lature. I believe in the effect of the instruction The bill went on to provide that, on appli- of the people, and of the improvement that is cation of any district, the votes of the rate-grailually taking place among them. I think payers shall be taken as to the propriety of that drunkenness not on the increase, lat adopting the provisions of the act; but that a rather is declining; and I hope, whether the majority of at least two-thirds of the votes law be altered or not, we shall find our workshall be necessary in order to decide that ques-ing-classes becoming more and more sober tion in the affirmative. The act itself would, than in past times. But as I have on mauy when once adopted in any district, prohibit occasions been before the public favouring the within that district all traffic in intoxicating efforts of the advocates of temperance, I have liquor for common purposes.

felt bound to state the reasons why I cannot The first reading of the bill, though strongly give my vote in favour of this bill, and to sugopposed, was carried by a large majority. The gest what the house might do by way of giving second reading was defeated by a large major- to the people, through their municipal council, ity, but forty members voted and paired off control over this question. By doing this you in favour of it, a much larger number than might promote temperance among the people, had been expected by its promoters. Petitions and at the same time avoid a great and maniin favour of the bill were sent in, bearing fest injustice to thousands of persons now enupwards of 482,000 signatures.

gaged in the trade, whose prop rty would lo

SYMPATHY FOR POLAND.

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rendered uncertain, if not altogether destroyed, was to be extinguished, its people either exif the bill should receive the sanction of the terminated by slaughter or denationalized by house."

the slower processes of torture, imprisonment,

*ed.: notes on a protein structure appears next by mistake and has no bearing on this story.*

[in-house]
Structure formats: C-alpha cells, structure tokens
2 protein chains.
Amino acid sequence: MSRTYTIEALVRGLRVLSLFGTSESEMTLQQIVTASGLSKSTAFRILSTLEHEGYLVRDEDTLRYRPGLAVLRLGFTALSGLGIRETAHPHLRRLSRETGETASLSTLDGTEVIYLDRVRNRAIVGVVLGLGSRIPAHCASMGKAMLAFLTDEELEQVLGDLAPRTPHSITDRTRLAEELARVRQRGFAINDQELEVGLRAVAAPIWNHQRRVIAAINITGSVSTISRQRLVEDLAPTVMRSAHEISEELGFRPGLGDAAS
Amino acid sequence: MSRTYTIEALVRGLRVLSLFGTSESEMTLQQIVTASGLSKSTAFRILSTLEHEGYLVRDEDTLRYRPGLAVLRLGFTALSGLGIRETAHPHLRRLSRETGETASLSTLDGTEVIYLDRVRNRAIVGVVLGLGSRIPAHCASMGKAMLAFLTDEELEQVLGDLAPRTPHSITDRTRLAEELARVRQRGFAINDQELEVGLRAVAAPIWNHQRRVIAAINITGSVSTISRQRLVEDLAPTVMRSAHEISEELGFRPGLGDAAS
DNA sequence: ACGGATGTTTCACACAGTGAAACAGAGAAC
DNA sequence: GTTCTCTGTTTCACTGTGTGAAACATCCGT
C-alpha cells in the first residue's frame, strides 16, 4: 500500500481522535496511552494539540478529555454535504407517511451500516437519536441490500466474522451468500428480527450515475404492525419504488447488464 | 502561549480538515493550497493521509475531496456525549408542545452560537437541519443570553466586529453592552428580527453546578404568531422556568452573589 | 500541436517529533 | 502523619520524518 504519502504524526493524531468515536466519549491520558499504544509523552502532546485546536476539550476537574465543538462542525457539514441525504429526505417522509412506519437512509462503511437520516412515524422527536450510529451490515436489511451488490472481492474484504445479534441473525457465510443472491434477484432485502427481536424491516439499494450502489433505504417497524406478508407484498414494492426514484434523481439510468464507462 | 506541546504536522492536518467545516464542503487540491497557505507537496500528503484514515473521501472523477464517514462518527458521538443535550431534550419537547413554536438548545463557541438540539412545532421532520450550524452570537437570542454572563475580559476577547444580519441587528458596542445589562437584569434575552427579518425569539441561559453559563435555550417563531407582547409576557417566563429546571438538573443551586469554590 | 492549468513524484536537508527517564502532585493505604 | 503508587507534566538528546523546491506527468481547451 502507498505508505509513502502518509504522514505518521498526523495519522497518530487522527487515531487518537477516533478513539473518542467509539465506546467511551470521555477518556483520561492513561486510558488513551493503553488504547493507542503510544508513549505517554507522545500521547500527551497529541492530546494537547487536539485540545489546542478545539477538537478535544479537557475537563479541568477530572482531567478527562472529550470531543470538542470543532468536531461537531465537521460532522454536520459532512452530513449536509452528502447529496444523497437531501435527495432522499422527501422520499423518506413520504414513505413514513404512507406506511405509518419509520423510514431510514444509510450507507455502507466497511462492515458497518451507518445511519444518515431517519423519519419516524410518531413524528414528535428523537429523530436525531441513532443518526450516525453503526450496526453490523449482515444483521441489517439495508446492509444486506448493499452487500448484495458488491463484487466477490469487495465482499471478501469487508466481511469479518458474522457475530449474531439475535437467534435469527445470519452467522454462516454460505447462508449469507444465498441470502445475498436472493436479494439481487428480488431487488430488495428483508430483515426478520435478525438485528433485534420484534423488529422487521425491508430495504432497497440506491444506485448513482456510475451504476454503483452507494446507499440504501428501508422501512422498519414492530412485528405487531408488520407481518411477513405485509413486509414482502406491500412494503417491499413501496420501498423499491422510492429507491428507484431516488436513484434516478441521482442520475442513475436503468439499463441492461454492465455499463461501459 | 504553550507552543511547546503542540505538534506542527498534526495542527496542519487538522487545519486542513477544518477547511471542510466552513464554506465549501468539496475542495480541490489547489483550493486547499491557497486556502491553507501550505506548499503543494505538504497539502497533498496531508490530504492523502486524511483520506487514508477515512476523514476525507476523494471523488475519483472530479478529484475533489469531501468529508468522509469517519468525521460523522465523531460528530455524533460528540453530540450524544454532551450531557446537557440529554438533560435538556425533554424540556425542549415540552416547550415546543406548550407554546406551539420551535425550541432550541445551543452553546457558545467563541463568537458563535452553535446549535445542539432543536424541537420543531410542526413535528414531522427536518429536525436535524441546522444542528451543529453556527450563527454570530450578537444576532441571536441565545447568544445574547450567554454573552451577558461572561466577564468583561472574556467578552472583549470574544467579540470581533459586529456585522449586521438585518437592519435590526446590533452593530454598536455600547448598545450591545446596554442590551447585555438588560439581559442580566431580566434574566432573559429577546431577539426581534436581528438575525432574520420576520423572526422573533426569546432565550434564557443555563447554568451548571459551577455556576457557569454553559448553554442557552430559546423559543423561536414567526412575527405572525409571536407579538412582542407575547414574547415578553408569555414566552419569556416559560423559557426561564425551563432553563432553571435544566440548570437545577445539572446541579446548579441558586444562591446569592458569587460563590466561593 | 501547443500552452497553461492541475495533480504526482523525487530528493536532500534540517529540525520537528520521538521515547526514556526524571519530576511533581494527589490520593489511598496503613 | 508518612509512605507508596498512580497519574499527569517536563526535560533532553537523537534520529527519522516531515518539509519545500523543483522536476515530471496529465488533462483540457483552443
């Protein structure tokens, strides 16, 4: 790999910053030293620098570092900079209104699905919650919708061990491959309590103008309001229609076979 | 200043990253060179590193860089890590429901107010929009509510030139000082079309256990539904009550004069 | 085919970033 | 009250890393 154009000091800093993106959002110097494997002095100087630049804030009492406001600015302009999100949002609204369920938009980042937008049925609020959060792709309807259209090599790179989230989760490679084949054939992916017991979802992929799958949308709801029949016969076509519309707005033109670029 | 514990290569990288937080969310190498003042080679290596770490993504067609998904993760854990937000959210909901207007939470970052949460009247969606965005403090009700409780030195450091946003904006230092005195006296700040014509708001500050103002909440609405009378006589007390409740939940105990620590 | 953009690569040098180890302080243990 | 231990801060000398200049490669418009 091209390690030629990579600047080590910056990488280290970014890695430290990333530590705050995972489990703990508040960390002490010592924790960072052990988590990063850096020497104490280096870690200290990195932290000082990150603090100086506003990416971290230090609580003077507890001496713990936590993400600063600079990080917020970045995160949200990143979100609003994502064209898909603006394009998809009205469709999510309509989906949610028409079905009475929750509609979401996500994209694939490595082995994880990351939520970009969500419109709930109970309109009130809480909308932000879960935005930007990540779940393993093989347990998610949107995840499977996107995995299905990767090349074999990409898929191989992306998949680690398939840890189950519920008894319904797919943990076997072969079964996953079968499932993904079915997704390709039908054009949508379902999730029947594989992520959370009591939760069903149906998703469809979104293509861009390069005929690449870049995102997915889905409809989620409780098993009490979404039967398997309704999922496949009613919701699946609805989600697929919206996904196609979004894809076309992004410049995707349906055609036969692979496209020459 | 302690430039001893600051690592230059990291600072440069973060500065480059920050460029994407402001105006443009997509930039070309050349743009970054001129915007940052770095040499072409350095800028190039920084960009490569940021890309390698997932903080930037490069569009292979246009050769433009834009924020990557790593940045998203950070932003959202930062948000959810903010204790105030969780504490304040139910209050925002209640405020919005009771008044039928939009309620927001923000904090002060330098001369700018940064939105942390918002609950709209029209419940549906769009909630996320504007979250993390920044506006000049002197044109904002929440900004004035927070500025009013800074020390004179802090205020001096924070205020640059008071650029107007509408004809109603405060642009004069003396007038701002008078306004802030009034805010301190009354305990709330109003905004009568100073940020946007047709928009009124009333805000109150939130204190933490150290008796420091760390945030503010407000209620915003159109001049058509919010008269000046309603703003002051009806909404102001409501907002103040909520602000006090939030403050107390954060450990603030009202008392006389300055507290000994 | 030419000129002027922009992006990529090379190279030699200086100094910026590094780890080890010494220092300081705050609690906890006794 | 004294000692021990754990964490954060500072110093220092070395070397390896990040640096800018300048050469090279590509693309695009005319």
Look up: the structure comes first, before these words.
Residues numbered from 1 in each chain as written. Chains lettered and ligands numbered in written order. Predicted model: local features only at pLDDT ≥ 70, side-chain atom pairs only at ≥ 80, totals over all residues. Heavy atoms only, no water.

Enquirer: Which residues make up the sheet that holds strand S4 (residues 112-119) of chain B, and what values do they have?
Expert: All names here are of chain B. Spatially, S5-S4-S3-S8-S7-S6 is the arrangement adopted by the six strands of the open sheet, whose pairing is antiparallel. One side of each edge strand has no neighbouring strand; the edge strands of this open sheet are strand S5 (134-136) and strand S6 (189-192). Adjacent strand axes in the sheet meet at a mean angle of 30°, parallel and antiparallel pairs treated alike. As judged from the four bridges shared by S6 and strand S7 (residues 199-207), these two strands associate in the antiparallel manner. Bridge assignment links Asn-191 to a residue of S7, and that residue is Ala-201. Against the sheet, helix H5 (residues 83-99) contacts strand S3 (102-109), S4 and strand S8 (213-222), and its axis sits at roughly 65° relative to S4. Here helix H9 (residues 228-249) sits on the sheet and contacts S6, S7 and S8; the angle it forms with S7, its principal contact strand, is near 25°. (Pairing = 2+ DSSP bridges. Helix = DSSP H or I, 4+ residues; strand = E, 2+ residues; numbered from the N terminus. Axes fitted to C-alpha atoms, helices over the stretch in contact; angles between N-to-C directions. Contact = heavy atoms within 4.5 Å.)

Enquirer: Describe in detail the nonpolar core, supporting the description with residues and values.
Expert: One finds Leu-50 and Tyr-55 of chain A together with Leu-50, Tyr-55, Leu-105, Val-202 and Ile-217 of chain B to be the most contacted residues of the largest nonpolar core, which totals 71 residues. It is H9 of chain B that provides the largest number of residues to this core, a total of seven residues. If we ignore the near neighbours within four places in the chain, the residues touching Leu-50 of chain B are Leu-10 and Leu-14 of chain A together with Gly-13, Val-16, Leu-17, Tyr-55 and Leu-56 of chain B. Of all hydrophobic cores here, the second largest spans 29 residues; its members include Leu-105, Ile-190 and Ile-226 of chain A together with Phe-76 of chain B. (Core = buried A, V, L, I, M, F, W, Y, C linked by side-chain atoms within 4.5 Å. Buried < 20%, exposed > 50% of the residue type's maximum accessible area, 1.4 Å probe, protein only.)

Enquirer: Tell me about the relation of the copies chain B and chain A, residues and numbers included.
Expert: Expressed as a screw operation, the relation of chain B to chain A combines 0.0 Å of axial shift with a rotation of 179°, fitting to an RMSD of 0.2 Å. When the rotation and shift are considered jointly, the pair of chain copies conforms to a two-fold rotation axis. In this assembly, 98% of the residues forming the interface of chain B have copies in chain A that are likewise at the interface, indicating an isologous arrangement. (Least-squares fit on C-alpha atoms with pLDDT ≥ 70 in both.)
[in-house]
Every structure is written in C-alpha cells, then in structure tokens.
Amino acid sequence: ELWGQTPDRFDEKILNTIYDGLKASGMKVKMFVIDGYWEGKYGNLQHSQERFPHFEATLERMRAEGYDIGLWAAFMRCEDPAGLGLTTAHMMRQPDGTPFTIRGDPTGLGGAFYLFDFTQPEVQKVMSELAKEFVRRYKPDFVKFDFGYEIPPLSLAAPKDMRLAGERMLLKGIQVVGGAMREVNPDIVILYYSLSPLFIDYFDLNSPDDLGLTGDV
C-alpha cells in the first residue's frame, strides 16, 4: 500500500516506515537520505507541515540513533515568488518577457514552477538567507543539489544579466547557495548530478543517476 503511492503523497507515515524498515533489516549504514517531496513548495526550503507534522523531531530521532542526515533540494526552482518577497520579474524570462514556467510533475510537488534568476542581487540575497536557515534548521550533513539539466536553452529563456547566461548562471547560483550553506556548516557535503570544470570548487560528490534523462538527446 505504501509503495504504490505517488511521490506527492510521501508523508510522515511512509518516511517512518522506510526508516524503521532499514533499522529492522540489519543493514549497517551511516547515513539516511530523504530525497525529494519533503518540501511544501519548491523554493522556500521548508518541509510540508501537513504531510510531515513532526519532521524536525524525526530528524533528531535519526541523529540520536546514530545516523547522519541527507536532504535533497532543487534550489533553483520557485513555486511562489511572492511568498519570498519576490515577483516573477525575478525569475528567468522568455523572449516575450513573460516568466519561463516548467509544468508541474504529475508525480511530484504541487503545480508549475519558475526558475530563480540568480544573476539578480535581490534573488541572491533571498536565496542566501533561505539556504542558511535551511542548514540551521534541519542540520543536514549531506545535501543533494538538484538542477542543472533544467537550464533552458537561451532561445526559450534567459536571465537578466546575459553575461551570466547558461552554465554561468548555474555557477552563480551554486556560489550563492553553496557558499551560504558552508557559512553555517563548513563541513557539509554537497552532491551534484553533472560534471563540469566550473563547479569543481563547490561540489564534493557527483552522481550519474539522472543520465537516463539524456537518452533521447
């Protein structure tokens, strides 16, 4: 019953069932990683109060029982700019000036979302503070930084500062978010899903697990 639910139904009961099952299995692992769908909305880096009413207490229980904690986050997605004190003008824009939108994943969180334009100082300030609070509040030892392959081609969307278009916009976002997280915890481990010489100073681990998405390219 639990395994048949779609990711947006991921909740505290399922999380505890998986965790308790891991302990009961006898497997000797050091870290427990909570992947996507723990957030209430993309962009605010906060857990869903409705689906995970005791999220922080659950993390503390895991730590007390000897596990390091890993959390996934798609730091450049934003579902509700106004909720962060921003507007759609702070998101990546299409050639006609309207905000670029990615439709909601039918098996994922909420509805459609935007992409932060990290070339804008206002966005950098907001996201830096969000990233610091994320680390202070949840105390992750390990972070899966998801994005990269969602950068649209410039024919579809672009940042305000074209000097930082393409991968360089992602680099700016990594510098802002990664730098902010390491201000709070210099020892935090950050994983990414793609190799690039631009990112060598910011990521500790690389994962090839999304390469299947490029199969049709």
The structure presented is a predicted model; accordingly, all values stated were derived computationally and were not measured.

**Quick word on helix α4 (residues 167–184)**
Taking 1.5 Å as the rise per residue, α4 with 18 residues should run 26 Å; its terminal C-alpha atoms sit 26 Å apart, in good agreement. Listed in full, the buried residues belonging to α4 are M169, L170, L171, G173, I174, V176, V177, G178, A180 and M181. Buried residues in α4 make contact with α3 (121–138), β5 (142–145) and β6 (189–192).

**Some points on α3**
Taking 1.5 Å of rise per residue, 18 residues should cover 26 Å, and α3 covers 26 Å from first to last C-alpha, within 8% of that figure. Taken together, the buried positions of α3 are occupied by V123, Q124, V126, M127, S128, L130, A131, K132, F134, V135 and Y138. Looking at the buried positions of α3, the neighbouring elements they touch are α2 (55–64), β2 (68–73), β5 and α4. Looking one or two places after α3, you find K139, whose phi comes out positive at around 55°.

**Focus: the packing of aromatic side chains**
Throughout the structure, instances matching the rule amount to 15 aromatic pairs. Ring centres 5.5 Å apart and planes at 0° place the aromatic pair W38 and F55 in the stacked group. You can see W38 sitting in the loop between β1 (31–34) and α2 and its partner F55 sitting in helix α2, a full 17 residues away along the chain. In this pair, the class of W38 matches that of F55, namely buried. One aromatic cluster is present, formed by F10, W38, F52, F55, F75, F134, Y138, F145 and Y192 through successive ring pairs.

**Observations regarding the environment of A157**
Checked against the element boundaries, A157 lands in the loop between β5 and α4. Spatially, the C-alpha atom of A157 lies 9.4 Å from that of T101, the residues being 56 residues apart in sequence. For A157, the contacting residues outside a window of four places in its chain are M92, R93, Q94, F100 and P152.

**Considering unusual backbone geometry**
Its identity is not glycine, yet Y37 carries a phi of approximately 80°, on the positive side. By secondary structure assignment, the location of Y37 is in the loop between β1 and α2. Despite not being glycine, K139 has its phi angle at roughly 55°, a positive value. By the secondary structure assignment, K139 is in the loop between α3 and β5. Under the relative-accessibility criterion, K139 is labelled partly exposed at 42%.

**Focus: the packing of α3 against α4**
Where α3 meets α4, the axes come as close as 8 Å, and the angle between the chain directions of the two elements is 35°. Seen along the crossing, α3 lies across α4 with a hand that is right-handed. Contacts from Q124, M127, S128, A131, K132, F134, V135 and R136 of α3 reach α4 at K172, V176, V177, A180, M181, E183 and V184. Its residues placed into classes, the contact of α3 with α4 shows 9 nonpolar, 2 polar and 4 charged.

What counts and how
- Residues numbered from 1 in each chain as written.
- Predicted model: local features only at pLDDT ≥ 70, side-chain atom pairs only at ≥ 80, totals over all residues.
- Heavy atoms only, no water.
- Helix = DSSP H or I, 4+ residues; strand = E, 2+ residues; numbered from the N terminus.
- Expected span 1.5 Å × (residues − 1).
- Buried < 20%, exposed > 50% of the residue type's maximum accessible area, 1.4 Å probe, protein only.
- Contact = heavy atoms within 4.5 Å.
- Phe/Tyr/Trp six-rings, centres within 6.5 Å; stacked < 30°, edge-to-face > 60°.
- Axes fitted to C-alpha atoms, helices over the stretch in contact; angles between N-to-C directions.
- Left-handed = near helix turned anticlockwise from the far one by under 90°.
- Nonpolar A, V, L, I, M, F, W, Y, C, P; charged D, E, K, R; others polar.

or exile. The plan adopted by Russia was, to Two measures very advantageous to the order a conscription among the Poles for the working-classes were adopted in the course of purpose of recruiting the Russian army, or, as 1864. The first, proposed by Lord Derby, pro- Lord Napier said, “ to make a clean sweep of vided that in every railway leading into the the revolutionary youth of Poland; to shut up metropolis provision should be made for the the most energetic and dangerous spirits in accommodation of the working-classes by cheap the restraints of the Russian army; to kidnap trains. This proposal was made mainly on the the opposition and carry it off to Siberia or ground that the railways to which it applied the Caucasus.” But the Russian attempt was had destroyed a large number of the habita- not confined to suppression or to the deportations of the labouring classes, compelling them tion of those persons who were known or even to reside at greater distances than before from suspected to be revolutionary. Warsaw was the places at which they worked. Lord Derby placed under the control of soldiers and police contended that it was only just that these agents. The houses, of which they had made railways should compensate the people thus a list, were surrounded, the men in them disturbed by affording them increased facili- seized and carried off for military service. For ties for going to and returning from their those who were absent the parents were taken work. The measure was accepted by the go- as guarantees for their return. On the first vernment, and was the first step in a system night of this inquisition 2500 men were taken which has been very useful to those for whose away, and insults and wanton cruelties were inbenefit it was adopted, and a source of profit flicted. It was evident to the unhappy Poles to the railway companies themselves, who have that a reign of terror was approaching, and since found it to their interest greatly to ex- next day thousands of persons took to flight tend the principle on which this important and prepared for resistance. In the previous enactment was based. The other boon granted year the Russian soldiers had fired on the to the working-classes was an act for applying people at Warsaw,and had committed ferocious to several other trades the regulations which cruelties. The Polish women, even ladies of already protected women and children work- high rank, had long worn mourning, had ening in factories.